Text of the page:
T cells are increased in pulmonary vasculature in lungs from PAH patients. Cytotoxic CD8+ T cells even constitute the major part of the inflammatory component in plexiform vascular lesions. The nuclear factor of activated T cells (NFAT), a transcription factor that promotes cytokine gene transcription, is upregulated in PAH, leading to increased levels of cytokines, a main feature of PAH [12]. T cell deficient rats are more likely to develop PAH and deficiency of CD8+ T cells in PAH patients correlated with a worse survival, which indicate that T cells play a protective role during the development of PH [13]. Various pathways are likely to generate this protective effect, for example Treg (T regulatory) cells might prevent the development of pulmonary hypertension and margin endothelial injuries, through the upregulation of BMPR2 in lung tissue [14]. T cells have been shown to downregulate the macrophage-mediated inflammatory angiogenesis in the lung [7].


B-cell differentiation is stimulated by CD4+ T helper (Th) cells. These stimulated B cells produce autoantibodies which may explain the increased levels of antinuclear antibodies generally found in PAH patients [15]. Compared with non idiopathic PAH patients, B cells in peripheral blood from idiopathic PAH patients show a different RNA expression profile suggesting that in PAH patients B cells are activated [16].

Figure 1 shows the different inflammatory cells present in vasculopathic lesions of a patient with PAH.

Figure 1
figure 1

Plexiform lesion in a patient with PAH. Complex vascular lesion with perivascular fibrosis and infiltration by lymphocytes, plasma cells (arrow head) and eosinophils (*). HE staining.


Cytokines represent a large group of signaling proteins that are produced and secreted by cells of the immune system and regulate numerous biological processes including inflammation, immunity and hematopoiesis. Cytokines are specific mediators that interact in an autocrine, paracrine or endocrine fashion.

Cytokines emerged as major contributing factors in the pathogenesis of pulmonary hypertension [1719]. In addition, cytokines might act as biomarkers both for diagnosis and clinical outcome of patients with pulmonary hypertension. Here we review experimental results and clinical data of the most important cytokines in pulmonary hypertension. Several novel experimental and transgenic models have been described in the context of pulmonary hypertension [20] but it is unclear whether the findings in these models can be extrapolated to the human situation. The two best established models to date are the monocrotaline (MCT) and hypoxia induced model. Increased vascular remodeling has been observed by addition of an angiogenesis inhibitor, a modifying extension known as the “Sugen hypoxia” model. This model is promising to become a more physiological surrogate of the human disease. However, also in this model little is known about the contribution of inflammation.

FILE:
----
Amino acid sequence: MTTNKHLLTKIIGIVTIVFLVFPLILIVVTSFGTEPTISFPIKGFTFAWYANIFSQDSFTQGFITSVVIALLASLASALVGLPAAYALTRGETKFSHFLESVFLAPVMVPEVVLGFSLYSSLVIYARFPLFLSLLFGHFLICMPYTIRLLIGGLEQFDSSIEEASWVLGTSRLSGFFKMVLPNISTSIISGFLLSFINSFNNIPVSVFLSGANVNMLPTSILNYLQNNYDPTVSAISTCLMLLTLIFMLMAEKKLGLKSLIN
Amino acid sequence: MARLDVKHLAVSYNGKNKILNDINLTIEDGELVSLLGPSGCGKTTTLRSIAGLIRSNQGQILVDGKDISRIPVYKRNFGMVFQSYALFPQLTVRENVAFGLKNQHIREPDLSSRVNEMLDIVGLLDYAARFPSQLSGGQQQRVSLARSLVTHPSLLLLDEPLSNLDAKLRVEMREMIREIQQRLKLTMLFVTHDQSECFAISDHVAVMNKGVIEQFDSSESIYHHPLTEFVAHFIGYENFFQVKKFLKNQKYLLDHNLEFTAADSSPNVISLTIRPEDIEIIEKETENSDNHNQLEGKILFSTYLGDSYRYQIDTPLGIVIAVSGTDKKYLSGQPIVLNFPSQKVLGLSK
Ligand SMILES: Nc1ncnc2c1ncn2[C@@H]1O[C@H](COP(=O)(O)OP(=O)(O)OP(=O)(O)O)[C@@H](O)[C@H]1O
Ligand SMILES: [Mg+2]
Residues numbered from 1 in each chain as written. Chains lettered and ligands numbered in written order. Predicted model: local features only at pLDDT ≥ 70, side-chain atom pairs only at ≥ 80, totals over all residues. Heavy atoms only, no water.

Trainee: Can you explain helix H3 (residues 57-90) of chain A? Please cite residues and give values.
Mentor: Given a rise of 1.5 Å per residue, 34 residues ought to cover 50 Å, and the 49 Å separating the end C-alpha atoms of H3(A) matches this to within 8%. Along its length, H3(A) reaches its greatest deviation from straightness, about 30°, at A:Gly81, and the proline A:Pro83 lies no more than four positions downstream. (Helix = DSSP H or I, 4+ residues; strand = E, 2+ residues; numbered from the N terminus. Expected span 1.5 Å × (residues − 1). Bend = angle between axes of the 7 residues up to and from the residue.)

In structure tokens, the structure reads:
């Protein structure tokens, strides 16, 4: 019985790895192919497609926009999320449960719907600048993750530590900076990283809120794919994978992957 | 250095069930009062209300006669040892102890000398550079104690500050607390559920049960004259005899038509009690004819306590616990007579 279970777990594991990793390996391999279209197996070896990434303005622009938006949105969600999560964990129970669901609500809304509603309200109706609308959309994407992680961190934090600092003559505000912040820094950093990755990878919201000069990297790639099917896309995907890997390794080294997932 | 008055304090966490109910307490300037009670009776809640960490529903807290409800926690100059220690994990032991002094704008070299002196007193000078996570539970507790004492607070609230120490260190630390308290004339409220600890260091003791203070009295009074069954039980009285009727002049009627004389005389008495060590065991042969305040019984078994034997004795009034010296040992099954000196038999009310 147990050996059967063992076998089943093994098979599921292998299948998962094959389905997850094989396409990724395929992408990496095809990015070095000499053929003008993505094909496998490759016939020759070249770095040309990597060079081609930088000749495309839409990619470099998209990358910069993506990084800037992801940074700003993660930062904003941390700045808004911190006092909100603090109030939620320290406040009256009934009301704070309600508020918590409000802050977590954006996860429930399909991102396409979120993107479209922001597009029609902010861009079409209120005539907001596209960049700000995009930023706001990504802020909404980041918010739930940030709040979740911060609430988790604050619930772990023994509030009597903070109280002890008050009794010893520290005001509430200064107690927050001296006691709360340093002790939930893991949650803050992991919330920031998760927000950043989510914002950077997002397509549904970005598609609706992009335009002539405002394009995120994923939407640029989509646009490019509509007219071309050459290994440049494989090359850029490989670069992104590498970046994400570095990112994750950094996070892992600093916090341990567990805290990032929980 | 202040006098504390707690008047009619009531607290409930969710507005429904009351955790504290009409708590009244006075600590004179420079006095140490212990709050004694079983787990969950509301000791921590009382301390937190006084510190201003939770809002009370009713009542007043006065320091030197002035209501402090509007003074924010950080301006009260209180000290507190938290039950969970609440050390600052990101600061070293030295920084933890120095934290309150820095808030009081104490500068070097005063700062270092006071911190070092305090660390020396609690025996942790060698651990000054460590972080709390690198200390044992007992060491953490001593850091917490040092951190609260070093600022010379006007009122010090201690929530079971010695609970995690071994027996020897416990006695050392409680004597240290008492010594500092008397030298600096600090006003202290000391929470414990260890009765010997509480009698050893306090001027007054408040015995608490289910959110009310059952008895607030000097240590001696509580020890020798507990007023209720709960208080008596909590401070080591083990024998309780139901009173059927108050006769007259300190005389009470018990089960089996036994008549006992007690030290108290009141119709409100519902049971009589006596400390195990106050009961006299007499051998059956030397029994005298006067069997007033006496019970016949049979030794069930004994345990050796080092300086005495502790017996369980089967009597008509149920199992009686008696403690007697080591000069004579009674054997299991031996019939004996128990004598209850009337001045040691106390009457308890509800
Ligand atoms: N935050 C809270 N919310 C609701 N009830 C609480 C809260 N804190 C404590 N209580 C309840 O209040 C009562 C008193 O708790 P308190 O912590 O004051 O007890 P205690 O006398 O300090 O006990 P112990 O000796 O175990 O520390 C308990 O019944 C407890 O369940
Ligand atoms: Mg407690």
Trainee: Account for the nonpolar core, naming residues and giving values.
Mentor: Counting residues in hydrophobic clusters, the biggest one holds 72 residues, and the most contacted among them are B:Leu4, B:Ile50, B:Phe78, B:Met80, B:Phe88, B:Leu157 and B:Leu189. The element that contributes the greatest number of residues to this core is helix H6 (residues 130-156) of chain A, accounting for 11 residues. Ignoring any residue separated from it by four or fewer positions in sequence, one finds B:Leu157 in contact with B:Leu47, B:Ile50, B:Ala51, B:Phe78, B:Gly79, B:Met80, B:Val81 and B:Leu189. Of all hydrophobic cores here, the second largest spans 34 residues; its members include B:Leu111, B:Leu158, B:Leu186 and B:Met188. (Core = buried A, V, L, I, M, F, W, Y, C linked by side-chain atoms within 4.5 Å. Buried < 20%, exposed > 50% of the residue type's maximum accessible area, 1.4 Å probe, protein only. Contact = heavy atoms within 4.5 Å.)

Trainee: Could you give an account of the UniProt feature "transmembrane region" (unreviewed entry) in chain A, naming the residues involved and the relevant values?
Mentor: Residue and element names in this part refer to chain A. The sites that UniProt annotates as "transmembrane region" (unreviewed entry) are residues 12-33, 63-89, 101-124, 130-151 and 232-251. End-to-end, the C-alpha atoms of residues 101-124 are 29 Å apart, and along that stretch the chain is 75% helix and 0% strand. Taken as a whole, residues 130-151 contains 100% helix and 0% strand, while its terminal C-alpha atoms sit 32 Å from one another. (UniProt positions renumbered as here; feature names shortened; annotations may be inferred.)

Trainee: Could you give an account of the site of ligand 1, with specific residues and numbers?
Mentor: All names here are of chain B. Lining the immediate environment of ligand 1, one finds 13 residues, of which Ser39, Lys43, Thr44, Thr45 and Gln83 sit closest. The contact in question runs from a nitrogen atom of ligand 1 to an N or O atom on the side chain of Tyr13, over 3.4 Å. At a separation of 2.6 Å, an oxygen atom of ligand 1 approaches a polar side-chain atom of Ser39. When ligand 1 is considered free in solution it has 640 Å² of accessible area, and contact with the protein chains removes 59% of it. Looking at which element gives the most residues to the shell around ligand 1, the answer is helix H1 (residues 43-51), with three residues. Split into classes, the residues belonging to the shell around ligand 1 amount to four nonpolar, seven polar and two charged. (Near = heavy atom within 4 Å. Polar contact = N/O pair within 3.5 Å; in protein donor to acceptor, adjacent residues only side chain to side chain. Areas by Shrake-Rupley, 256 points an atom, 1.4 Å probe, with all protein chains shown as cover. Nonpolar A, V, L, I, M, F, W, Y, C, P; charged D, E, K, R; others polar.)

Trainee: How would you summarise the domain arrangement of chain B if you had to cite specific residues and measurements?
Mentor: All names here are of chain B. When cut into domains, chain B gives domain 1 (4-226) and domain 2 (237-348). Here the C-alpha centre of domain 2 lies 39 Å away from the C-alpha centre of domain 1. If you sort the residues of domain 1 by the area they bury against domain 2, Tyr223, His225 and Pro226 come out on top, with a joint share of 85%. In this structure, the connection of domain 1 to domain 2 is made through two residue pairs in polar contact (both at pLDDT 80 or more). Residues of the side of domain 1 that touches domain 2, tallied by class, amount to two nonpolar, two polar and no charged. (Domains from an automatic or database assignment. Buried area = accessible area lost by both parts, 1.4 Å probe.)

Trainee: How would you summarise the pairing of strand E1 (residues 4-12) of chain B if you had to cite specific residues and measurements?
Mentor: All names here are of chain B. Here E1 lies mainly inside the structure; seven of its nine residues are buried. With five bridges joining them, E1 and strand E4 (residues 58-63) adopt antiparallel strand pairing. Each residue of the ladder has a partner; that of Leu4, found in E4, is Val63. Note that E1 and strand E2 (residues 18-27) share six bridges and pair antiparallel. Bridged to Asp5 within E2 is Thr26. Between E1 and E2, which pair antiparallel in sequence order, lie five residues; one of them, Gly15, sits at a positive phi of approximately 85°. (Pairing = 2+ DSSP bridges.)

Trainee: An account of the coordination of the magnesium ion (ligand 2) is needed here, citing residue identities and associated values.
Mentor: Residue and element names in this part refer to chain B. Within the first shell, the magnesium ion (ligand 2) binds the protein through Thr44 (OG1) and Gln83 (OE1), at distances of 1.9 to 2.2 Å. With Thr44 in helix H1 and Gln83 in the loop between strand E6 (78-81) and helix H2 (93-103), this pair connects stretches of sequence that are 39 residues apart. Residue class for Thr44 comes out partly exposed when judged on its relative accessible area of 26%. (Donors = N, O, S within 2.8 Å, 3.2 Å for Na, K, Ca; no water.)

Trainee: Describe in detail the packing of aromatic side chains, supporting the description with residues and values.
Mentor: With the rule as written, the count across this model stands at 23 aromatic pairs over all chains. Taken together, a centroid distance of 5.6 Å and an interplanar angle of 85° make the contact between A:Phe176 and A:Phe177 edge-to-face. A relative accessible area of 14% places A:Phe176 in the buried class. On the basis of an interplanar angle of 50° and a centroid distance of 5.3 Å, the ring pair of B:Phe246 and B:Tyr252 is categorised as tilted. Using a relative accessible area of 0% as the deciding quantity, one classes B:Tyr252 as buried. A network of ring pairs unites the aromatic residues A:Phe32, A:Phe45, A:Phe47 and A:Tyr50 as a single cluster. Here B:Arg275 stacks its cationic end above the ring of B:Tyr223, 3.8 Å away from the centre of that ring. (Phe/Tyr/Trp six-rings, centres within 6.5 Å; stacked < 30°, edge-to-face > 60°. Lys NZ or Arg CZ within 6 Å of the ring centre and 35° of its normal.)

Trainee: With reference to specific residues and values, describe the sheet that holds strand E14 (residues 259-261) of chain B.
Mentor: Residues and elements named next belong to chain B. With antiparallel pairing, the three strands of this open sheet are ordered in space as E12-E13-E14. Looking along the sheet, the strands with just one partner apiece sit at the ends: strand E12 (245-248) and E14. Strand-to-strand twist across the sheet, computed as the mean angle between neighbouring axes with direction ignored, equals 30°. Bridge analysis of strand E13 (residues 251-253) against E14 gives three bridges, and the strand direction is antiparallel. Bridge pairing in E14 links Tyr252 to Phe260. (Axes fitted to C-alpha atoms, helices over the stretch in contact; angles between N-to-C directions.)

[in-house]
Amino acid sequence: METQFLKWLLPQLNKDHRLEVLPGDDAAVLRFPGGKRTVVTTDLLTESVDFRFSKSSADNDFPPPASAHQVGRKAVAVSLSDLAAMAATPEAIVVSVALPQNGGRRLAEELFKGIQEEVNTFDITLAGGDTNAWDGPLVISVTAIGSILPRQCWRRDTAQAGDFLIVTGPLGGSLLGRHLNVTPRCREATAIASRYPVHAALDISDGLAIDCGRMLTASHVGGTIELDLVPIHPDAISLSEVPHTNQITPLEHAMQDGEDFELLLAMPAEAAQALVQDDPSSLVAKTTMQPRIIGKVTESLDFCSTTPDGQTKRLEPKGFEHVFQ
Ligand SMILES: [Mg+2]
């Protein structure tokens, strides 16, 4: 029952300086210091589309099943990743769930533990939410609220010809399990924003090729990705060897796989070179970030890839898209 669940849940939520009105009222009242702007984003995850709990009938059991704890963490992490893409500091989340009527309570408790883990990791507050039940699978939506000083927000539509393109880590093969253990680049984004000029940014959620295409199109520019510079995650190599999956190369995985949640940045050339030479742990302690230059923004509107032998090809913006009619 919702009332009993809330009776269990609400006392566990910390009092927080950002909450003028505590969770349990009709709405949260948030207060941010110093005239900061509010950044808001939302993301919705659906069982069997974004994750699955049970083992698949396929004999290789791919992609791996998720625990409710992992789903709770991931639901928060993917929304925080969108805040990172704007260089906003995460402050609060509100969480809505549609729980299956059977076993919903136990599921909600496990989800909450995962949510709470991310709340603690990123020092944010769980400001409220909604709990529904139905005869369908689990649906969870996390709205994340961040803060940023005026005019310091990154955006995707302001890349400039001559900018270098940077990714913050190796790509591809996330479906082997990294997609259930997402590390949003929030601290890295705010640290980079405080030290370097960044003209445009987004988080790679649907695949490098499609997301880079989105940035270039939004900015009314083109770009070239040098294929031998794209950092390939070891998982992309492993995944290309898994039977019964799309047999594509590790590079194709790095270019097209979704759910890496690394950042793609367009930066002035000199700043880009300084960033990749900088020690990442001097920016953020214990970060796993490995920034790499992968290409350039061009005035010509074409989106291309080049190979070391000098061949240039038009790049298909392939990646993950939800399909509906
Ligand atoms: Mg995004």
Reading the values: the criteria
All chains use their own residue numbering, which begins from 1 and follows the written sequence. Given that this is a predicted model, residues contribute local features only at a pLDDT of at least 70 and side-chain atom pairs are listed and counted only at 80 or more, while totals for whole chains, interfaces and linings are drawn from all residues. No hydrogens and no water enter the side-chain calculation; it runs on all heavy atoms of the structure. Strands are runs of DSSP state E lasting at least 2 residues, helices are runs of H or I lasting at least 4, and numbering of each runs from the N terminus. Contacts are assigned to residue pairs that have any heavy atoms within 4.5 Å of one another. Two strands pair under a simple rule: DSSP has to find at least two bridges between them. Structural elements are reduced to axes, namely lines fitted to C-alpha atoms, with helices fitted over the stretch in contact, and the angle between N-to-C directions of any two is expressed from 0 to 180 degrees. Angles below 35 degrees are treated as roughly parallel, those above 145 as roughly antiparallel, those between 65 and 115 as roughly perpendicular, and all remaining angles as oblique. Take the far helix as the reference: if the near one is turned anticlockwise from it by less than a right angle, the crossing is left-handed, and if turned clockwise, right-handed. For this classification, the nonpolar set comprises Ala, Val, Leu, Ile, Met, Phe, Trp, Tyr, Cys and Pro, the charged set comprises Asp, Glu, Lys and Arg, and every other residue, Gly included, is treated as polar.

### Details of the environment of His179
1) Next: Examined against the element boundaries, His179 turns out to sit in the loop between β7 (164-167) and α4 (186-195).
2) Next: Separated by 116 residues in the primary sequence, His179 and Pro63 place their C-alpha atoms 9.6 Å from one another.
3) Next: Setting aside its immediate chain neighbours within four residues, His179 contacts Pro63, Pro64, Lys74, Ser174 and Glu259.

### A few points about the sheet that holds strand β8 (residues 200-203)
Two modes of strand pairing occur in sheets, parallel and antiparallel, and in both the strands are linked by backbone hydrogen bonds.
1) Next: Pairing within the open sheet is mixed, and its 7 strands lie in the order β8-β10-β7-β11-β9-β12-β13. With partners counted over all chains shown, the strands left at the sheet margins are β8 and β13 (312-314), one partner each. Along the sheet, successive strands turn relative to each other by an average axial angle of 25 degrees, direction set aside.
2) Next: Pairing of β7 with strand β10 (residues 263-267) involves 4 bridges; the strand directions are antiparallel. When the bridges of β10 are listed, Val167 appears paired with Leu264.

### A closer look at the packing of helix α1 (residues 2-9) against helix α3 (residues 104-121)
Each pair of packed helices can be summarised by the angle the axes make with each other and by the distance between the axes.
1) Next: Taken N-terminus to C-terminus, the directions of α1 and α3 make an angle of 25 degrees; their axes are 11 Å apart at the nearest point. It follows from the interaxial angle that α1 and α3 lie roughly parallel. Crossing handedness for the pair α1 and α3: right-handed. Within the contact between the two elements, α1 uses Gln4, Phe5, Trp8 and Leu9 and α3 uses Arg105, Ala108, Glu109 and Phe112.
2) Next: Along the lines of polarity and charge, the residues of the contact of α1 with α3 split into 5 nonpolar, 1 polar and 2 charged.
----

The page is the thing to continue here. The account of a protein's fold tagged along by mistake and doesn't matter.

Specific cytokines


Clinical data: Elevated serum levels of IL-1beta were found in PAH patients and correlate with a worse outcome [21]. In a case report, the IL-1beta receptor antagonist Anakinra was shown to resolve pulmonary hypertension in a patient with Adult-Onset Still’s Disease [22].

Experimental evidence: In hypoxia-induced pulmonary hypertension and in the MCT model, data on IL-1β were found to diverge: in the MCT model, high levels of IL-1β were measured and, conversely, treatment with an IL-1β receptor antagonist reduced pulmonary hypertension and right ventricular hypertrophy, while no such findings were reported in the hypoxia mouse model [23]. This difference might be due to the action of MCT, a pyrrolizidine alkaloid with highly toxic and, potentially, inflammatory effects. In some studies, a link between levels of IL-1β and prostacyclins, in particular PGI2, was described: PGI2 is a metabolite of arachidonic acid with vasodilating and antiproliferative properties. The vasodilating effects are mediated through the second messenger cyclic adenosine monophosphate (cAMP). Patients with pulmonary hypertension have significantly decreased expression of endogenous PGI2 [24]. Interestingly, IL-1β enhances the expression of PGI2 in human pulmonary artery smooth muscle cells [25]. Similarly, in rat PASMC, IL-1-β increased the expression of PGI2 and 6-keto-PGF1α, a stable metabolite of PGI2 [26]. The increased expression of PGI2 might represent an endogenous response to the inflammatory injuries in the lung tissue. Itoh et al. measured an increase of the cyclooxygenase (COX)-2 mRNA in PASMC treated with IL-1β [26]. COX-2 is a key enzyme in the regulation of prostaglandin synthesis. Bradbury et al. showed that IL-1β induces COX-2 [27] an, in a follow-up paper, the authors showed that adenylyl cyclase, which converts adenosine triphosphate (ATP) to cAMP is downregulated by IL-1β. Moreover, accumulation of cAMP was attenuated in response to PGI2 analogues in human PASMCs, which is presumably due to COX-2 induction [28].

IL-18, a pro-inflammatory cytokine and member of the IL-1 family, is activated by the cleavage of IL-1β–converting enzyme, generating the biologically active IL-18. IL-18 is elevated in the patients with PAH and there is evidence that abnormal levels of IL-18 play a role in vasculopathy of the pulmonary circulation [29]. A recent study demonstrated that vascular injury may lead to an upregulation of IL-18 from PASMC of the medial vessel layer. IL-18 acts through an autocrine or paracrine effect on smooth muscle cells via its receptor, IL-18Rα, causing proliferation and recruitment of other smooth muscle cells. These mechanisms contribute to transmigration of PASMC and to hypertrophy of the medial vessel layer [29].

A recent study demonstrated that vascular injury may lead to an upregulation of IL-18 from PASMC of the medial vessel layer. IL-18 acts through an autocrine or paracrine effect on smooth muscle cells via its receptor, IL-18Rα, causing proliferation and recruitment of other smooth muscle cells. These mechanisms contribute to transmigration of PASMC and to hypertrophy of the medial vessel layer [29].

Potential implications: These data implicate that IL-1β appears to have deleterious effects for the development and progression of pulmonary hypertension. The exact mechanisms, however, remain unclear and therapeutic inhibition of IL-1β is limited to anecdotal case reports precluding therapeutic use at this moment.